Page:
PACER’s National Bullying Prevention Center

(952) 838-9000 | (800) 537-2237 | Bullying411@PACER.org


Works Cited

  1. Blue Whale (game). (n.d.). In Wikipedia. Retrieved February 22, 2019, from https://en.wikipedia.org/wiki/Blue_Whale_(game)
  2. Momo Challenge. (n.d.). In Wikipedia. Retrieved February 22, 2019, from https://en.wikipedia.org/wiki/Momo_Challenge
  3. Kowalski, Robin & W Giumetti, Gary & Schroeder, Amber & R Lattanner, Micah. (2014). Bullying in the Digital Age: A Critical Review and Meta-Analysis of Cyberbullying Research Among Youth. Psychological bulletin. 140. 10.1037/a0035618.
  4. Pacer's National Bullying Prevention Center. (n.d.). Cyberbullying. In Pacer's National Bullying Prevention Center. Retrieved from https://www.pacer.org/bullying/resources/cyberbullying/
  5. Pacer's National Bullying Prevention Center. (2017). Cyberbullying: what parents can do to protect their children. In Pacer's National Bullying Prevention Center. Retrieved from https://www.pacer.org/publications/bullypdf/BP-23.pdf
  6. Parent, J. (n.d.). How to Prevent Cyberbullying: Hands Off the Keyboard until You’re Calm!. In Your Teen: For parents. Retrieved from https://yourteenmag.com/social-life/teen-bullying-tips/how-to-prevent-cyberbullying
  7. Hinduja, S. & Patchin, J. W. (2015). Bullying Beyond the Schoolyard: Preventing and Responding to Cyberbullying (2nd edition). Thousand Oaks, CA: Sage Publications.
  8. Rossow, A. (2018, February 28). Cyberbullying Taken To A Whole New Level: Enter The 'Blue Whale Challenge'. In Forbes. Retrieved from https://www.forbes.com/sites/andrewrossow/2018/02/28/cyberbullying-taken-to-a-whole-new-level-enter-the-blue-whale-challenge/#60e595de2673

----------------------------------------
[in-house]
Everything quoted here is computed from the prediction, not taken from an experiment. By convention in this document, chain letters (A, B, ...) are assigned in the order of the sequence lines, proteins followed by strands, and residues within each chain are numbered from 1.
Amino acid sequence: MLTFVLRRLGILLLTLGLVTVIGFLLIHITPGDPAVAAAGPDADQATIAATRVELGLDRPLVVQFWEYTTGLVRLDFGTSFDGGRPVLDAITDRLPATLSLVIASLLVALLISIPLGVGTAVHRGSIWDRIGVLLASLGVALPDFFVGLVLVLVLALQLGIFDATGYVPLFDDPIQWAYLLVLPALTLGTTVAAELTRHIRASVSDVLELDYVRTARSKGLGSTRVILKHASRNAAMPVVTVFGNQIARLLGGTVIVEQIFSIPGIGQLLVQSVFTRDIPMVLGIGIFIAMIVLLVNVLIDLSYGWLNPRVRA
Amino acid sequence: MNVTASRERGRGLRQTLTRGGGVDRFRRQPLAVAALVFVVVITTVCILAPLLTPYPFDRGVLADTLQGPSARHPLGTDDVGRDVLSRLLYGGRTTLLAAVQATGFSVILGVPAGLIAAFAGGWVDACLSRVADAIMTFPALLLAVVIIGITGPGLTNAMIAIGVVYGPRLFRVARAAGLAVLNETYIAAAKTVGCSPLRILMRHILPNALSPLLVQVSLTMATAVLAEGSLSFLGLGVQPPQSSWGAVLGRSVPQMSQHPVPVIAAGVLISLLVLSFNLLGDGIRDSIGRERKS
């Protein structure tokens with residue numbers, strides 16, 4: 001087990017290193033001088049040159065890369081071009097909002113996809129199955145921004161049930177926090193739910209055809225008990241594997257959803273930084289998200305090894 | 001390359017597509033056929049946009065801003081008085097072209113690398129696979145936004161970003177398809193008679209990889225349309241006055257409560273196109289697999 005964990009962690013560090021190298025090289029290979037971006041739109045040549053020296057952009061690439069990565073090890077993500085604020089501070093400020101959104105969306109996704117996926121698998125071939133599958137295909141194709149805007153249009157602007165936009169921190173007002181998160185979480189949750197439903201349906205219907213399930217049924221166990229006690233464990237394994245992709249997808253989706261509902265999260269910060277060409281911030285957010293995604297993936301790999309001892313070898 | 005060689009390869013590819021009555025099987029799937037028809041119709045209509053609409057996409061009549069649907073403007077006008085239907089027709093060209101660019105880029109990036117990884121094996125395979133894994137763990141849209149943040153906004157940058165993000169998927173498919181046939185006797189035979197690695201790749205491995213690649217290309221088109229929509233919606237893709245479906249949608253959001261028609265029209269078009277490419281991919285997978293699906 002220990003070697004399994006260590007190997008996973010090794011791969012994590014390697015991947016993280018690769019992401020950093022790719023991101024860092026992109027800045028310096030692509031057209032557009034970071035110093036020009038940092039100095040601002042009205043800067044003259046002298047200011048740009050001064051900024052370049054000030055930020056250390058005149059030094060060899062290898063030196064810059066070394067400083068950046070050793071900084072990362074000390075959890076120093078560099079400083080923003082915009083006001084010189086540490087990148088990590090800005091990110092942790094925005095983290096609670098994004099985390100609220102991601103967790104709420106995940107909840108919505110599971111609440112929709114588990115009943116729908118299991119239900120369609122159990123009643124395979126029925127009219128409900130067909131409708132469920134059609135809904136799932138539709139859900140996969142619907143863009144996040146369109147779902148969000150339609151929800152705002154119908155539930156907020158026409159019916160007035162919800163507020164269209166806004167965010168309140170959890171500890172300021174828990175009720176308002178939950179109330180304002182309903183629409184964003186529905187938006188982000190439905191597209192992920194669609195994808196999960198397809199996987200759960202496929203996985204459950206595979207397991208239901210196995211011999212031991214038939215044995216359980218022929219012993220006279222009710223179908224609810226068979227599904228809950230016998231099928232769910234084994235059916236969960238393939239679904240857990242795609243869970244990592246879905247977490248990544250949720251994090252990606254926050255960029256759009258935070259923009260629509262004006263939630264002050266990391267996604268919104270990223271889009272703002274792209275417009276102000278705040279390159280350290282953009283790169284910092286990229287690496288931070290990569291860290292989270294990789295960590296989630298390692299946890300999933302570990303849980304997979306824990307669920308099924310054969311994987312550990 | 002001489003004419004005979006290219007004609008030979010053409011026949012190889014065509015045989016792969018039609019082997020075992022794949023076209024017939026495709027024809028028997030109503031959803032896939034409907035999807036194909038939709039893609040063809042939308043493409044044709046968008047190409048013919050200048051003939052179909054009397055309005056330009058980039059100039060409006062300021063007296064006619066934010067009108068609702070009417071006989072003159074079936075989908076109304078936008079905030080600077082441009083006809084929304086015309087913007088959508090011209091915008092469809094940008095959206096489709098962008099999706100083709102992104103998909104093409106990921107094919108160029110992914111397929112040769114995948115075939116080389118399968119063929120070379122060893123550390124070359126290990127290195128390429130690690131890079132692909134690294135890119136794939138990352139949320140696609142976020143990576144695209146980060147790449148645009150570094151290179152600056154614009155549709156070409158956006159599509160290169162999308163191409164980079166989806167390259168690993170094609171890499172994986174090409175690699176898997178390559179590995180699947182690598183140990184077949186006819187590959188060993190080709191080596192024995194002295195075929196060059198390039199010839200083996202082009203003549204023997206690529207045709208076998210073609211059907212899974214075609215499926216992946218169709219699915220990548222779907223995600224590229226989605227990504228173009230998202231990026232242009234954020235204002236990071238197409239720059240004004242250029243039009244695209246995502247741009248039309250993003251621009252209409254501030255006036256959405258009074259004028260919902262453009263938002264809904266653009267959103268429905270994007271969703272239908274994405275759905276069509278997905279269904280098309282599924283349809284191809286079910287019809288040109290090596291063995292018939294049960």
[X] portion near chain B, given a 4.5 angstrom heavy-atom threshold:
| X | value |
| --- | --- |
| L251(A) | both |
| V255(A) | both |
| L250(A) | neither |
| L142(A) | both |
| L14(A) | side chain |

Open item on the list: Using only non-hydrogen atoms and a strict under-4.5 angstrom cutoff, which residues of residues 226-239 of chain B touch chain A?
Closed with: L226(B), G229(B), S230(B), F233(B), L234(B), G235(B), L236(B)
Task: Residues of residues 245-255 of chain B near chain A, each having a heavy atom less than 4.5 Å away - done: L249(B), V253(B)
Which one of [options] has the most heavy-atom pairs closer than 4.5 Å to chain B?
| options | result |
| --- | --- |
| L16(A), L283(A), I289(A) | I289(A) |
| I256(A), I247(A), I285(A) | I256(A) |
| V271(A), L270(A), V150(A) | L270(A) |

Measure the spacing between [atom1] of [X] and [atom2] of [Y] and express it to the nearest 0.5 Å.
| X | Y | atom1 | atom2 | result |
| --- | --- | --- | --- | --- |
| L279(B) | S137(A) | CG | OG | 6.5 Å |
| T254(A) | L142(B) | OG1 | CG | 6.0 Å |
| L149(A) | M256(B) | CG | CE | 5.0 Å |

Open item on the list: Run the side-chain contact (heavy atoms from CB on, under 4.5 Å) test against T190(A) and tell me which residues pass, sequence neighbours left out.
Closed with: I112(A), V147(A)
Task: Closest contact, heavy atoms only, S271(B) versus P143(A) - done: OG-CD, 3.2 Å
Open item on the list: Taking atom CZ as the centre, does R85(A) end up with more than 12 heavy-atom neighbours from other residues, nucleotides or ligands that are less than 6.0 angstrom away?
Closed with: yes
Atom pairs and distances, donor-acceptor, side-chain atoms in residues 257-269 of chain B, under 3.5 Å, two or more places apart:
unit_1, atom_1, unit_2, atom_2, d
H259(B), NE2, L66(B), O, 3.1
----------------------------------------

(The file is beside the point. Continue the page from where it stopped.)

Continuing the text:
9. Stopbullying.gov. (n.d.-a). What Is cyberbullying. In Stopbullying.gov. Retrieved from https://www.stopbullying.gov/cyberbullying/what-is-it/index.html
  10. Stopbullying.gov. (n.d.-b). Digital Awareness for Parents. In Stopbullying.gov. Retrieved from https://www.stopbullying.gov/cyberbullying/digital-awareness-for-parents/index.html
  11. Stopbullying.gov. (n.d.-c). Establishing Rules. In Stopbullying.gov. Retrieved from https://www.stopbullying.gov/cyberbullying/establishing-rules/index.html
  12. Stopbullying.gov. (n.d.-d). Prevent Cyberbullying. In Stopbullying.gov. Retrieved from https://www.stopbullying.gov/cyberbullying/prevention/index.html
  13. Stopbullying.gov. (n.d.-e). Report Cyberbullying. In Stopbullying.gov. Retrieved from https://www.stopbullying.gov/cyberbullying/how-to-report/index.html
  14. P Hamm, Michele & S Newton, Amanda & Chisholm, Annabritt & Shulhan, Jocelyn & Milne, Andrea & Sundar, Purnima & Ennis, Heather & D Scott, Shannon & Hartling, Lisa. (2015). Prevalence and Effect of Cyberbullying on Children and Young People: A Scoping Review of Social Media Studies. JAMA pediatrics. 169. 10.1001/jamapediatrics.2015.0944.
  15. Arslan, Sevda & Sevim, Savaşer & Hallett, Victoria & Balci, Serap. (2012). Cyberbullying Among Primary School Students in Turkey: Self-Reported Prevalence and Associations with Home and School Life. Cyberpsychology, Behavior, and Social Networking. 15. 527-533. 10.1089/cyber.2012.0207.